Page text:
Skip to content
My WebMD Sign In, Sign Up

Treating Autism: One Child's Story

An autistic child's mom tells WebMD about the strides her son made in the Early Achievement program.


"At the bottom of the stack of forms the psychologist gave me was an ad for Dr. [Rebecca] Landa's research study. I applied and got wait-listed -- but it was the first time someone did not accept a placement, and we got it, and it was a real gift. There was only a month between the diagnosis and starting the program, in June 2005. He was 2 1/2 years old.

"I knew about Kennedy Krieger and had heard about this program on TV without realizing it -- I'd seen Dr. Landa on the Jane Pauley Show. The only reason I know now is that it re-aired. I had heard of Kennedy Krieger and knew their reputation, and initially I was told the study was full, so I asked if Gabe could be in the control group, because at least I wanted the assessment and opinion of experts. But there was a strange turn of events and they found a match for him and got him in the study.

"It started with orientation. All the parents were sitting around the snack table, and the teacher told us what we would be doing in the class. I remember her saying the kids would transition themselves from one activity to another by checking their picture schedule and singing a little song. All the parents were nodding and I nodded, too, but inside I thought, 'There is no way he will do this.' My son screams any time a demand is placed on him -- he didn't even respond to his name. I thought we'd be the first ones to get kicked out of the study.

"Within the first two weeks the doors opened, and we were picking up our kids, and the teacher said, 'Gabe checked his schedule, all by himself.' I knew then I would never say 'No way' about Gabe again, because he has continued to amaze us. They offer us a parent program that does not get enough credit.

"You know, I had only had the diagnosis for a month, and the information was so overwhelming -- those things that say 'autism is forever' -- it was overwhelming and scary. I threw the books down, I was overwhelmed -- but this parent training was a hand-holding through this first scary time of 'What is right? What is real? What do I need to focus on right now?' I can't imagine where I would have been without that support. For me it was huge.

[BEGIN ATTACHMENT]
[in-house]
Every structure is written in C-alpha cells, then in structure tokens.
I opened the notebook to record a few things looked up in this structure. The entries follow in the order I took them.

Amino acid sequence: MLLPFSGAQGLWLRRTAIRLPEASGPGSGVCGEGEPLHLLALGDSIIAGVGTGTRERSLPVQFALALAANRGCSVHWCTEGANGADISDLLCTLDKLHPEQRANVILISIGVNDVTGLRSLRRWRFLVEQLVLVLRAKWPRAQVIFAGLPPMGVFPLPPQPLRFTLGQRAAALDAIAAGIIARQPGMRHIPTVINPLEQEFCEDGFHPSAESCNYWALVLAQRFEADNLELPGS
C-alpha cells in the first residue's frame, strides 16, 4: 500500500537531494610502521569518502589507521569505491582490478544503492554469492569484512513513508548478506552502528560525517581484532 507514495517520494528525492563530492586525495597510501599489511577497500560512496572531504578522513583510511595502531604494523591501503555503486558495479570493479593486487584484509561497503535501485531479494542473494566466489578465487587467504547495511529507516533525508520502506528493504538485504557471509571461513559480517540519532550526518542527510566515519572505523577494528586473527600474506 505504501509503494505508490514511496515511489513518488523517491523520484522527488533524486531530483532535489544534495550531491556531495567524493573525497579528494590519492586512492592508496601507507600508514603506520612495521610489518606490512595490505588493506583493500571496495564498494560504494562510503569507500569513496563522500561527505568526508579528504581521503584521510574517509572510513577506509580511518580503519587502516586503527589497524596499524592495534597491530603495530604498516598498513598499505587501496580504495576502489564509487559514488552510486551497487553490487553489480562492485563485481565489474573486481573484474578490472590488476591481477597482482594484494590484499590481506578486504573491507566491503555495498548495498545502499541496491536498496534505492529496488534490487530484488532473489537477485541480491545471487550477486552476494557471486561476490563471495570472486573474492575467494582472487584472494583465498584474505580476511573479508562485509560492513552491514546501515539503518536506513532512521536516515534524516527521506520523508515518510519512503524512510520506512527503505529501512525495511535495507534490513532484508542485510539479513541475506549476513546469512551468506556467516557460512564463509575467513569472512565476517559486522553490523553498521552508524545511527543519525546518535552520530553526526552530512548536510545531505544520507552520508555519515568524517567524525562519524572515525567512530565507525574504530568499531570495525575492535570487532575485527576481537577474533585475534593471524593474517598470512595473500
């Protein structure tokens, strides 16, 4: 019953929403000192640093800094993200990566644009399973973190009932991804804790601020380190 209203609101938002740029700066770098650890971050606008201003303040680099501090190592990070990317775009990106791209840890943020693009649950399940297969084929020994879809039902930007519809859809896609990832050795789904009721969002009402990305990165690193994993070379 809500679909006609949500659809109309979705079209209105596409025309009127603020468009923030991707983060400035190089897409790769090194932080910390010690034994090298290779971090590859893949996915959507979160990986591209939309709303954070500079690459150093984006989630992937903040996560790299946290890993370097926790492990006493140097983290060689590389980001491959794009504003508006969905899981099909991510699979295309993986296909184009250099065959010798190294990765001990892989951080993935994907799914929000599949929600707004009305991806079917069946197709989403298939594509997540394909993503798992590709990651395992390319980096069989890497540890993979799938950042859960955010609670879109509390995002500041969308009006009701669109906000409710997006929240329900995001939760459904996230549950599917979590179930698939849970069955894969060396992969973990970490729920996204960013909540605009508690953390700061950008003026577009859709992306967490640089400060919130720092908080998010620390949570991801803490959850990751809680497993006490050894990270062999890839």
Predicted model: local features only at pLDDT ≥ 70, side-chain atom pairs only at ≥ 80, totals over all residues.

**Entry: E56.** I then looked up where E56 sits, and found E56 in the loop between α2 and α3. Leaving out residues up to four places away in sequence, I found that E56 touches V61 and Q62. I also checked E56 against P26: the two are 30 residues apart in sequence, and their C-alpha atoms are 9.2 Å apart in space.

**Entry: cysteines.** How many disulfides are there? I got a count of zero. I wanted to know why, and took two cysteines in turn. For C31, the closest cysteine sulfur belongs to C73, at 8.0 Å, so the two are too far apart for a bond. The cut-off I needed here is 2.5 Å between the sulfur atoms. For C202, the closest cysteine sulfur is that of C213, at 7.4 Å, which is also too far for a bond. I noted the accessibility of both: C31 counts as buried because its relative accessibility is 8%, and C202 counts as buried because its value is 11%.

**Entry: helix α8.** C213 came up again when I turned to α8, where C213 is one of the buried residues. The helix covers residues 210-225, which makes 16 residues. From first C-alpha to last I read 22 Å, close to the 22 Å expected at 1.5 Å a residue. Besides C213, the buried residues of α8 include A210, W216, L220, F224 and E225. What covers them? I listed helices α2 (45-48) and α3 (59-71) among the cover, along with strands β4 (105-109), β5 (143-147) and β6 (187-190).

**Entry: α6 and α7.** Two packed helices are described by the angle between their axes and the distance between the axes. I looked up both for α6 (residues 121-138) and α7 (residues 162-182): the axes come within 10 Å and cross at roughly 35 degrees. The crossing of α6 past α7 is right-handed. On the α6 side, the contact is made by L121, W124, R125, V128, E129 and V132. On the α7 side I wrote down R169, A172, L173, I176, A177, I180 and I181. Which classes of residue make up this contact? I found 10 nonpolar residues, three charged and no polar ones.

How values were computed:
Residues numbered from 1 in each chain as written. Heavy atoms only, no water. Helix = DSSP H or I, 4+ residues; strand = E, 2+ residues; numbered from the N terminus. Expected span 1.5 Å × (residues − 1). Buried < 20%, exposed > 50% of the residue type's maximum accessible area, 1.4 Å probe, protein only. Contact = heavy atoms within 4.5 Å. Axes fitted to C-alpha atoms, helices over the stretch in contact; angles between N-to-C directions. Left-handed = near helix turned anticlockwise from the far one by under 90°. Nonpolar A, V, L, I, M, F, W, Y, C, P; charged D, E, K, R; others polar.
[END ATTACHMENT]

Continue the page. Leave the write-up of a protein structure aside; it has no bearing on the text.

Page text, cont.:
"At the time Gabe was just a little guy, he had a lot of anxiety, he was still anxious. I got to observe him through the two-way mirror. I was there all the time with my nose stuck to the glass, watching how they spoke to him, what they did, and I learned so much from that. He was in a communication workout atmosphere where every minute he was working. They were trying to get him to communicate in so many ways, in ways that did not feel like work for him. He did not like work at all. Every day he did this one-on-one with a teacher, every day working on demands. That was his least favorite time, but he got through it because he knew he wasn't going to sit there forever. Shortly the bell would ring and he would get to check his schedule and go somewhere else. So he sat through it knowing it would end soon, knowing he could make it.

Next Article:

Would the fear of autism keep you from getting your child vaccinated?